California Domestic Workers Coalition

My name is Teresita “Terry” Villasenor, and I am a worker leader from the Pilipino Workers Center (PWC), based in Los Angeles. I work as a full-time caregiver for a senior client and his wife in their family home. I work in shifts between 12 and 24 hours a day and support my client in all of his daily needs and favorite activities.

I prepare my client and his wife’s meals and look after them each day. I bring my client to his doctor’s appointments and assist him in taking his medications. I go with him anywhere he goes. I would even take the same art classes he is taking so that I can assist him in painting and stone carving.

As a caregiver, I thought at first that I had 1 boss, my client, but in reality, I work for 4 people. The client, his wife and I also answer to their son in law and daughter. So, I am more than a caregiver, I am also a family attendant, a secretary, a cook, etc. I am a one-woman army. My work is important and valuable, and I organize to ensure that my job receives the dignity and respect it deserves.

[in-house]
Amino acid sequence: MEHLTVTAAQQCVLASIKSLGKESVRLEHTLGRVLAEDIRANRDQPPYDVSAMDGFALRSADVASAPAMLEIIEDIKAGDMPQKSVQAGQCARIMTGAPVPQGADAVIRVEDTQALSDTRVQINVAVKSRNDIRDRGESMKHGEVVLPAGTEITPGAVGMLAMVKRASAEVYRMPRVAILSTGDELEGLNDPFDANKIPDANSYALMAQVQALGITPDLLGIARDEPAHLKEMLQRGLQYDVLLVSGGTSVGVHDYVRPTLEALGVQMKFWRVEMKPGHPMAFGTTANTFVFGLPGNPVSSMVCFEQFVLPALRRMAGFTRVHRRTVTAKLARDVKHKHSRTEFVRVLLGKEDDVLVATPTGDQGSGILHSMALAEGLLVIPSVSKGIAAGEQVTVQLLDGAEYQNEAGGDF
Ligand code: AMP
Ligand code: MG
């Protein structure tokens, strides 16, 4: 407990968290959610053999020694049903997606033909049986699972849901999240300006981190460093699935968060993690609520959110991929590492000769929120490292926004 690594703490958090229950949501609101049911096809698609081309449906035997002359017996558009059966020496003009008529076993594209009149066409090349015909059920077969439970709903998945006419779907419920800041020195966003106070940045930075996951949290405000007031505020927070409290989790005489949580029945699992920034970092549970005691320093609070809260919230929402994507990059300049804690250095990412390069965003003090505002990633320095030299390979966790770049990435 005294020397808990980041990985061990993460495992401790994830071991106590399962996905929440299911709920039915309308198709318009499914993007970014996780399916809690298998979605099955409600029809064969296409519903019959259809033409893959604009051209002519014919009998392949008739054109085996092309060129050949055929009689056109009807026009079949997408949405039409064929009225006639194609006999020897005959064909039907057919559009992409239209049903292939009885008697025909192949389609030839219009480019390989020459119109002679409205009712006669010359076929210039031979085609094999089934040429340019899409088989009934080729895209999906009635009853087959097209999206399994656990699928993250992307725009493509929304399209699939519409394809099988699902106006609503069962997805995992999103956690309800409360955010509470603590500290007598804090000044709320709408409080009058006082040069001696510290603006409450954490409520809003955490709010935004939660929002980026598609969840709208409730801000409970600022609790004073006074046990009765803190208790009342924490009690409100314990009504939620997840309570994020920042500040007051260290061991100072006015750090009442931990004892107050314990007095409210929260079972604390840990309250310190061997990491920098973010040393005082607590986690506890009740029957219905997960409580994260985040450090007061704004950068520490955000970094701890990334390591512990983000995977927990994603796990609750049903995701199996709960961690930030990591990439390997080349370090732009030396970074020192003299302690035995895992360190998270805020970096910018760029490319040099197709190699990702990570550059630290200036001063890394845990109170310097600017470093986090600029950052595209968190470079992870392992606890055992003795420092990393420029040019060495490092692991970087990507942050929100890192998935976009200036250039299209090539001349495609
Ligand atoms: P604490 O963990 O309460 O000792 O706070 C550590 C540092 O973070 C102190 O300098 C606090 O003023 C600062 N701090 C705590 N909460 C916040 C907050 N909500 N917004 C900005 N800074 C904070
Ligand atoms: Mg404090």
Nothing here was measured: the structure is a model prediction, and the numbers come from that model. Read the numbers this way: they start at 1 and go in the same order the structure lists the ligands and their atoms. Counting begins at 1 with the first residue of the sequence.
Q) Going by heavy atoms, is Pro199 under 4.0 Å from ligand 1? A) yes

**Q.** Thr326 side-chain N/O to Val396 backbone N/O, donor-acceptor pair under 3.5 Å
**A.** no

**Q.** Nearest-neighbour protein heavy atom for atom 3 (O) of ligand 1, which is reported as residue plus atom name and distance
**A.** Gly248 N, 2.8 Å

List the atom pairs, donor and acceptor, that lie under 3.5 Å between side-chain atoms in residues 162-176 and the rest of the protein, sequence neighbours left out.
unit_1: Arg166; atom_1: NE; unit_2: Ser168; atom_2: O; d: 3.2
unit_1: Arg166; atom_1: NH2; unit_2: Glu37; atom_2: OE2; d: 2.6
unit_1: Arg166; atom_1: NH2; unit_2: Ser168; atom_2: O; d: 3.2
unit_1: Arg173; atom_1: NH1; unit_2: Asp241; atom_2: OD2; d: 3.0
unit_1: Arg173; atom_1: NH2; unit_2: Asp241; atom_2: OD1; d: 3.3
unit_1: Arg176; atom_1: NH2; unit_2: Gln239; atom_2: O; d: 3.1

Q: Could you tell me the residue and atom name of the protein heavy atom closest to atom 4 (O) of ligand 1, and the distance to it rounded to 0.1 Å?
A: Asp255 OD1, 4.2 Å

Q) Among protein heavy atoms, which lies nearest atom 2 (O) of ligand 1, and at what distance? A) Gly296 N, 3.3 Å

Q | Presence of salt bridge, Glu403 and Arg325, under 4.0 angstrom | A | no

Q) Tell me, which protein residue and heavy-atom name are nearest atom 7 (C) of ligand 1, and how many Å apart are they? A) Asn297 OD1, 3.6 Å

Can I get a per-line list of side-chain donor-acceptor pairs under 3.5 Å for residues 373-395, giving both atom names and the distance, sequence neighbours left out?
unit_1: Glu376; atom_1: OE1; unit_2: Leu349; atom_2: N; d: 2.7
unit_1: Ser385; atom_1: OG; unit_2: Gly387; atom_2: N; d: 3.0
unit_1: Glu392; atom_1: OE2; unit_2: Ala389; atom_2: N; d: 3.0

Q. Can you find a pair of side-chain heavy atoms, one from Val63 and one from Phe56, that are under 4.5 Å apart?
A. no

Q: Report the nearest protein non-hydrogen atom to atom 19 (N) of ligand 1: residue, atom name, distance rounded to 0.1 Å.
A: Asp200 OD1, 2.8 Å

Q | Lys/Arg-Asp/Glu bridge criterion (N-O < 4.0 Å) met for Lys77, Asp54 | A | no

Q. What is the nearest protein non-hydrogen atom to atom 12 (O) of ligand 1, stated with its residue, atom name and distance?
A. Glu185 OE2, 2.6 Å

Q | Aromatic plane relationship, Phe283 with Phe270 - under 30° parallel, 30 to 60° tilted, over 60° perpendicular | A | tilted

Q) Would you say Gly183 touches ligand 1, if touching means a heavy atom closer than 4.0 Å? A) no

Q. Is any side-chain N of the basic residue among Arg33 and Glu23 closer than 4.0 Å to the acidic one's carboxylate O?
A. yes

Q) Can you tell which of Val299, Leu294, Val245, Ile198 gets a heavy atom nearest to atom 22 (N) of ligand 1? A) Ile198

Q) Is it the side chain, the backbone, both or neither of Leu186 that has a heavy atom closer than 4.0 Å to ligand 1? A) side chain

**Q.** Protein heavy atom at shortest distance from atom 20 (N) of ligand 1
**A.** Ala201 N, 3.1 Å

Before I joined PWC, I did not know that I had rights. I was not aware that caregivers were even included in the laws or that we even had labor protections. Before I learned about my rights, I worked as a live-in caregiver for 24hrs a day, with no overtime pay, no paid time off, and no sick leave.

I felt trapped. I knew in my heart that there was something wrong with that picture, that I was being abused and exploited. But I had no idea how to effectively assert my rights as a domestic worker. I thought that I could not do anything about my situation because of my immigration status then. And I also feared that I might lose my only source of income. What will happen to me and my family if I lose my job? And even if I wanted to stand up for my rights, I had no clue how to begin the fight. I did not know the proper channels to navigate.

Through the Pilipino Worker Center, I was able to understand my rights. I learned that I had workers rights, regardless of my immigration status. I had access to resources and tools that boosted my morale, and I was empowered to speak up and influence other people to do the same. I found my voice. And I knew that together with other domestic workers and our allies, we can be heard.